service principal names

Service Principal Names (SPNs) have been around since the early days of Windows 2000 as a way to uniquely identify client services running on a machine for authentication purposes.

However, poor configuration and management of SPNs can still lead to security issues almost 25 years later.

In this post, I’ll break down what SPNs are, why they can be dangerous, and the key tips to avoid SPN-related attacks.

Read until the end!

What is a Service Principal Name (SPN)?

An SPN is a unique name that gets assigned to a service account that is allowed to run on a machine under a certain domain account. For example, the Domain Administrator account may run services that get assigned SPNs like:

  • HTTP/
  • HOST/
  • RestrictedKRBHost/

These names clearly identify services running as the Domain Admin on that particular server.

The SPN set on a service account gets mapped to an account’s security identifier (SID) and is used during authentication processes like Kerberos ticket exchanges.

SPNs provide the following key benefits:

  • Uniquely identifies services: Having an SPN helps accurately distinguish service instances.
  • Enables mutual authentication: Both clients and services can verify each other’s identities.
  • Required for Kerberos: SPNs are necessary for Kerberos authentication.

However, if SPNs are not properly configured or managed, they can unfortunately be exploited by attackers.

A good explanation on SPNs can be found here:

Examples of SPNs:

service principal names examples

Dangers of Improperly Handled SPNs

If SPNs are set incorrectly or managed poorly, this can open doors for certain attacks, particularly privilege escalation and lateral movement tactics. Some key dangers include:

Account Takeover

If a user account has control of an SPN belonging to a service account, that user can impersonate the service. For example, if a user could assign themselves the HOST/ SPN, they could impersonate any service on that host.

Credential Theft

Attackers may harvest SPN values found in environments through reconnaissance. They can then use password cracking against the SPNs to try acquiring that service’s credentials.


A tactic called Kerberoasting abuses Kerberos protocol weaknesses related to SPNs to obtain crackable service tickets. Offline cracking can then reveal the service account password.

Silver Ticket Attacks

Silver ticket attacks can forge Kerberos tickets using known SPN values and password hashes to authenticate as any service on the network.

Privilege Escalation

If a user manages to modify their own account object to add the SPN of a privileged service account, this can be used to escalate privileges.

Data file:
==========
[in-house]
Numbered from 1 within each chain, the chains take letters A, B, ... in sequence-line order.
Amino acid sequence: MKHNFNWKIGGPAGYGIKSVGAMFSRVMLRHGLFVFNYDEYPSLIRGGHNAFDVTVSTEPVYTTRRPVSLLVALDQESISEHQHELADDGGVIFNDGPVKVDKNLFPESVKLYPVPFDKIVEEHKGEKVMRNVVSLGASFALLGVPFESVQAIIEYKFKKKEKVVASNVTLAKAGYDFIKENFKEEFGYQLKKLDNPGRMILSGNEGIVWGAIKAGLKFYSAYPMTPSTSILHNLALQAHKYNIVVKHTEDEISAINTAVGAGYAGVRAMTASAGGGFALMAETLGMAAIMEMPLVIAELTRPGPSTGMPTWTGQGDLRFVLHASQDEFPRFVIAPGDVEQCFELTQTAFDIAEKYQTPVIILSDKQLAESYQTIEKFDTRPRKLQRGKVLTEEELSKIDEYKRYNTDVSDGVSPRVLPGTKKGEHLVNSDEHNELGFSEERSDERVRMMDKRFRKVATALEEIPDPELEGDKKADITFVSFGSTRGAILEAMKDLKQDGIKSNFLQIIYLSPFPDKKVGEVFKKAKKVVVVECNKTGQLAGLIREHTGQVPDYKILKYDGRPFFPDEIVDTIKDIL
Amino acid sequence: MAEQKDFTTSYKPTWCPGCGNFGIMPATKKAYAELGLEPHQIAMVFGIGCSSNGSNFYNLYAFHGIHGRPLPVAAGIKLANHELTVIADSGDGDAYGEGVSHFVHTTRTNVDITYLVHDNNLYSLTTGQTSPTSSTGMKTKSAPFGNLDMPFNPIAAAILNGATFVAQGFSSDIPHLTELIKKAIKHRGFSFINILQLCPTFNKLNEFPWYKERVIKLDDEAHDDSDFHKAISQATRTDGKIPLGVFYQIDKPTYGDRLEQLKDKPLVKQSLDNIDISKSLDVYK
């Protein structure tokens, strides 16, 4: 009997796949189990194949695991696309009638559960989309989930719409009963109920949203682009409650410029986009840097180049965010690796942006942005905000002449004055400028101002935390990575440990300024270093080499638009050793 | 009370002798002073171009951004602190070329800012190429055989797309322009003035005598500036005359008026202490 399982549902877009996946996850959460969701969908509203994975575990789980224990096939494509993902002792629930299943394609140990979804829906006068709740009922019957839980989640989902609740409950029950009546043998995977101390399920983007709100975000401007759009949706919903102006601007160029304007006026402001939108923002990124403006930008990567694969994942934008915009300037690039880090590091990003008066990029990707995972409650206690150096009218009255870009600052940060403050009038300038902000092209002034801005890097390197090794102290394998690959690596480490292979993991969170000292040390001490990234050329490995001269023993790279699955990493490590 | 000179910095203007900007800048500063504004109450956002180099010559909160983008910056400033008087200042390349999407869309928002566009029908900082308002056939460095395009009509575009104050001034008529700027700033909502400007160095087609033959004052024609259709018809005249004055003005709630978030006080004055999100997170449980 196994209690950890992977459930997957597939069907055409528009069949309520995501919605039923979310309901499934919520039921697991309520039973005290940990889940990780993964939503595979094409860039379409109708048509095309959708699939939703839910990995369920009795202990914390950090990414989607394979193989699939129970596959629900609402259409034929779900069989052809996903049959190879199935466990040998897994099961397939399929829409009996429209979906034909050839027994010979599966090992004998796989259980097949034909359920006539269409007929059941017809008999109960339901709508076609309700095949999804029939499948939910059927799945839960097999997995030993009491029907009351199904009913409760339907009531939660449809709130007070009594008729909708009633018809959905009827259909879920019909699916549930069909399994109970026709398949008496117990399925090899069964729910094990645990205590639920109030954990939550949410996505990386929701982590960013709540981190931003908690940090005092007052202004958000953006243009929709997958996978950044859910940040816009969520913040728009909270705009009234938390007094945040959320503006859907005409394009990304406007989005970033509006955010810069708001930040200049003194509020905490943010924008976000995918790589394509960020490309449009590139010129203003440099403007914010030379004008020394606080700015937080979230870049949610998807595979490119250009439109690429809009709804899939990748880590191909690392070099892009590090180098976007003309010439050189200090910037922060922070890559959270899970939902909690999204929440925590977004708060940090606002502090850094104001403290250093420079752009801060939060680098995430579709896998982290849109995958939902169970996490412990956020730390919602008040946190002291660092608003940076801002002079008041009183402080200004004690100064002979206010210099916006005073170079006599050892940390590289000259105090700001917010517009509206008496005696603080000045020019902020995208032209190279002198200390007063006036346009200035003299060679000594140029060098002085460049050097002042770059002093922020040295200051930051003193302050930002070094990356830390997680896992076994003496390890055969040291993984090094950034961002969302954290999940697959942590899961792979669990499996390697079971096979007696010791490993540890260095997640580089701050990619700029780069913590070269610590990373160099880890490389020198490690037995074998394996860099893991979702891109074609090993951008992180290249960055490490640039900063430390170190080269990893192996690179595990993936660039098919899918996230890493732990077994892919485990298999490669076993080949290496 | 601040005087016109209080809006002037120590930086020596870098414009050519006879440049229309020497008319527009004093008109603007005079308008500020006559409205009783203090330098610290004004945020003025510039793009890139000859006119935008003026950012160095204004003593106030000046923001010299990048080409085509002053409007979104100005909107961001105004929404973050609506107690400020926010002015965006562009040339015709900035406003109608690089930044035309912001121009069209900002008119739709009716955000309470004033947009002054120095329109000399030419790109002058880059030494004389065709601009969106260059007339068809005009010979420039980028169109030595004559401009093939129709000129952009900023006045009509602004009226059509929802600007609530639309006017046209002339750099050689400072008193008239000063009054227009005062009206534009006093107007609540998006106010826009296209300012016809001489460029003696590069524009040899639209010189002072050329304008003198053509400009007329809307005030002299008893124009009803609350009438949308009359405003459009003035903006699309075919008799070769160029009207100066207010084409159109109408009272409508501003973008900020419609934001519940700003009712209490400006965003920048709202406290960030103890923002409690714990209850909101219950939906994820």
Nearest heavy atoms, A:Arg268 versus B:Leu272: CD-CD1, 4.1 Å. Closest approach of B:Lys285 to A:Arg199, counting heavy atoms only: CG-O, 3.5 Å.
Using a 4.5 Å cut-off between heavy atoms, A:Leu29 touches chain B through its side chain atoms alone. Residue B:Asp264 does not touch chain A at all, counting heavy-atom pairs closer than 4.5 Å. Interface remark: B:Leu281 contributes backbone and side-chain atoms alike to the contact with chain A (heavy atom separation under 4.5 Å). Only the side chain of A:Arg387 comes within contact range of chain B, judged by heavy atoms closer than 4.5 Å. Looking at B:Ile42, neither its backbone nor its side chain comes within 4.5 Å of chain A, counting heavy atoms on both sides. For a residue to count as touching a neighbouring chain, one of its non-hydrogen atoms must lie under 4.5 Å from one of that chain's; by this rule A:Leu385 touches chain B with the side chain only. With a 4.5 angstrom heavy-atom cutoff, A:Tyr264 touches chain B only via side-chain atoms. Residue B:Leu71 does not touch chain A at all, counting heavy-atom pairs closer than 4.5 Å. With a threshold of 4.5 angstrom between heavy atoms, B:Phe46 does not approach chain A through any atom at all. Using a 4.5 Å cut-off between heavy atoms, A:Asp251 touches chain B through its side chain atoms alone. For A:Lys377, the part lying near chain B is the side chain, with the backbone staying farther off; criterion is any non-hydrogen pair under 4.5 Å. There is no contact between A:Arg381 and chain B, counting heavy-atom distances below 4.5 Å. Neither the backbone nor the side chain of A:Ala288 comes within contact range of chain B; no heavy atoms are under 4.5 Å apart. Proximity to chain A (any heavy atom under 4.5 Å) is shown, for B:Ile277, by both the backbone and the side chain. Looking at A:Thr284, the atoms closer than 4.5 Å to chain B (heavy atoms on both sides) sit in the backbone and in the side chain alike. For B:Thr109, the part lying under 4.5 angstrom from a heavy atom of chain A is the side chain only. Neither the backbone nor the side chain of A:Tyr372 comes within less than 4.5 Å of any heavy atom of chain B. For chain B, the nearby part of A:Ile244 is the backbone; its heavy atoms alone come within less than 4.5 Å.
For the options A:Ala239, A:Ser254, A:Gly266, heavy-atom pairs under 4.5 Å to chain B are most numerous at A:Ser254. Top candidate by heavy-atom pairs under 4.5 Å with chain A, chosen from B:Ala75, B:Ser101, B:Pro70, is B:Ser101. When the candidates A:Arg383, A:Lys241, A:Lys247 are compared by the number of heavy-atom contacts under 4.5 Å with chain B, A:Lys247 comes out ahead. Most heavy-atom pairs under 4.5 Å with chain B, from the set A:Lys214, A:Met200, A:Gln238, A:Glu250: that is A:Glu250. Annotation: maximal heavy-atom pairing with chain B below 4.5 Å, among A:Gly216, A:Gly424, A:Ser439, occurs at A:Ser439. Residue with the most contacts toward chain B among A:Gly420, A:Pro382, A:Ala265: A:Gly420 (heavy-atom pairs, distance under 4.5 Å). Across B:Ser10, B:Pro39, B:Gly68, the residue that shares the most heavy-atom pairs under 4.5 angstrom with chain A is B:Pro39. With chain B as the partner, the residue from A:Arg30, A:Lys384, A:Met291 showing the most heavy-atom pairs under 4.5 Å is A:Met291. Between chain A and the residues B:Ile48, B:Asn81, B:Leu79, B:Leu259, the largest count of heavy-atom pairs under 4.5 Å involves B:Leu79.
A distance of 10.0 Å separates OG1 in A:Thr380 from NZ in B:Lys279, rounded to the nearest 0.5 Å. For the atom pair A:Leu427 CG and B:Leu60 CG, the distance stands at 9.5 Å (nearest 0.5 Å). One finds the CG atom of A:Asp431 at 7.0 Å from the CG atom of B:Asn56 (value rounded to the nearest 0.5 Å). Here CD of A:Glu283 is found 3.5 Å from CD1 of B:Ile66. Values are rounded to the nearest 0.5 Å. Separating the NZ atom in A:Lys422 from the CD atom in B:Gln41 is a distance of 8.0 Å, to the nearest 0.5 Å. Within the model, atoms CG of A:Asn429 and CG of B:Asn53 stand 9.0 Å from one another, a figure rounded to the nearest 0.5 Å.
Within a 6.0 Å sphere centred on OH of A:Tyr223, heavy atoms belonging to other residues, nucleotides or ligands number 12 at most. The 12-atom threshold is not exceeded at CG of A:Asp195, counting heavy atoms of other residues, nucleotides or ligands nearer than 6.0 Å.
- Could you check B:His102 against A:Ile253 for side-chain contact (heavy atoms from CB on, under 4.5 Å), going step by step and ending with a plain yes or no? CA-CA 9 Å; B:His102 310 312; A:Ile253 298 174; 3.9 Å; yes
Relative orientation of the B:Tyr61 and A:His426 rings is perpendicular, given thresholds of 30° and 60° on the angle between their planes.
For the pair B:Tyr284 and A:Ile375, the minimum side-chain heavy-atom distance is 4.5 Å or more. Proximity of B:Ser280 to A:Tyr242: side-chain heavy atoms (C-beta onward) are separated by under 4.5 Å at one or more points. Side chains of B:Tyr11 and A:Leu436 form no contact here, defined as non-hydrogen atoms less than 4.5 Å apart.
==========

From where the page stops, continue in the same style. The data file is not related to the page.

These types of attacks expose why proper SPN management is critical.

security tips

5 Key SPN Security Tips

I want to recommend some essential practices to keep SPNs secured in your environment:

1. Ensure Unique SPNs

Make sure the setspn command is used to assign each SPN and that no duplicate SPNs exist. You can scan for duplicates with:

setspn -x

Duplicate SPNs weaken security and enable misuse.

2. Restrict Authority for SetSPN Rights

Carefully control which accounts have the right to manage or modify SPNs. Avoid allowing end-user accounts to have any control.

Check for unauthorized SetSPN rights with PowerShell:

Get-ADPermission -Filter * -Properties ObjectType,ActiveDirectoryRights | Where {$_.ObjectType -like '*serviceprincipalname*'} | select IdentityReference,ActiveDirectoryRights

Follow the principle of least privilege.

3. Use Dedicated Service Accounts

You can avoid sharing local admin accounts or user accounts for services. Dedicated service accounts with strong random passwords enhance SPN security.

4. Regularly Audit SPNs

Audit domain controllers regularly for any unauthorized SPN changes made to accounts. Look for suspicious additions.

Enable security event logging for this event ID:

Event ID 5136 - The directory service attempted to modify the SPN registration of an account.

You have to monitor these events closely for signs of misuse.

5. Remove unused SPNs

I would recommend removing unused SPNs. To remove an unused SPN, you can run the following command:
«setspn –D MSSQLSvc/dc01:1433 Dailyadmin»

setspn command

In my example, the SPN is not in use. In real life, the SPN has to be changed to reflect the correct configuration. Either to a machine account, a managed service account, or a self-made service account with an insane password.

Take note that Active Directory uses SPN by design. You simply cannot delete every SPN to feel safe.

Moving SPNs to Managed Service Accounts

Managed Service Accounts (MSAs) added in newer Windows Server versions offer an improved model over standard SPNs on domain accounts.

Key features of MSAs:

  • Do not require password management; passwords are managed automatically.
  • Provide enhanced SPN security with tighter access controls.
  • Built-in support for service isolation and grouped managed service accounts.

Migrating from traditional domain accounts to managed service accounts is recommended for stronger SPN and service management.

The Ongoing Need for Diligence with SPNs

While SPNs remain fundamental for service authentication on Windows networks, organizations must be vigilant about proper configuration and lifecycle management given the potential for abuse.

Following strong privilege separation, applying the principle of least privilege, auditing changes, and considering new account primitives like MSAs can help modernize SPN protections. But continued vigilance is key for spotting and responding to new attack techniques targeting these pivotal identifiers.

Here are some links I find interesting about it:

I hope this blogpost gave some information on how attackers can misuse Service Principal Names and that you, as an IT professional, can implement mitigations to prevent them from succeeding.

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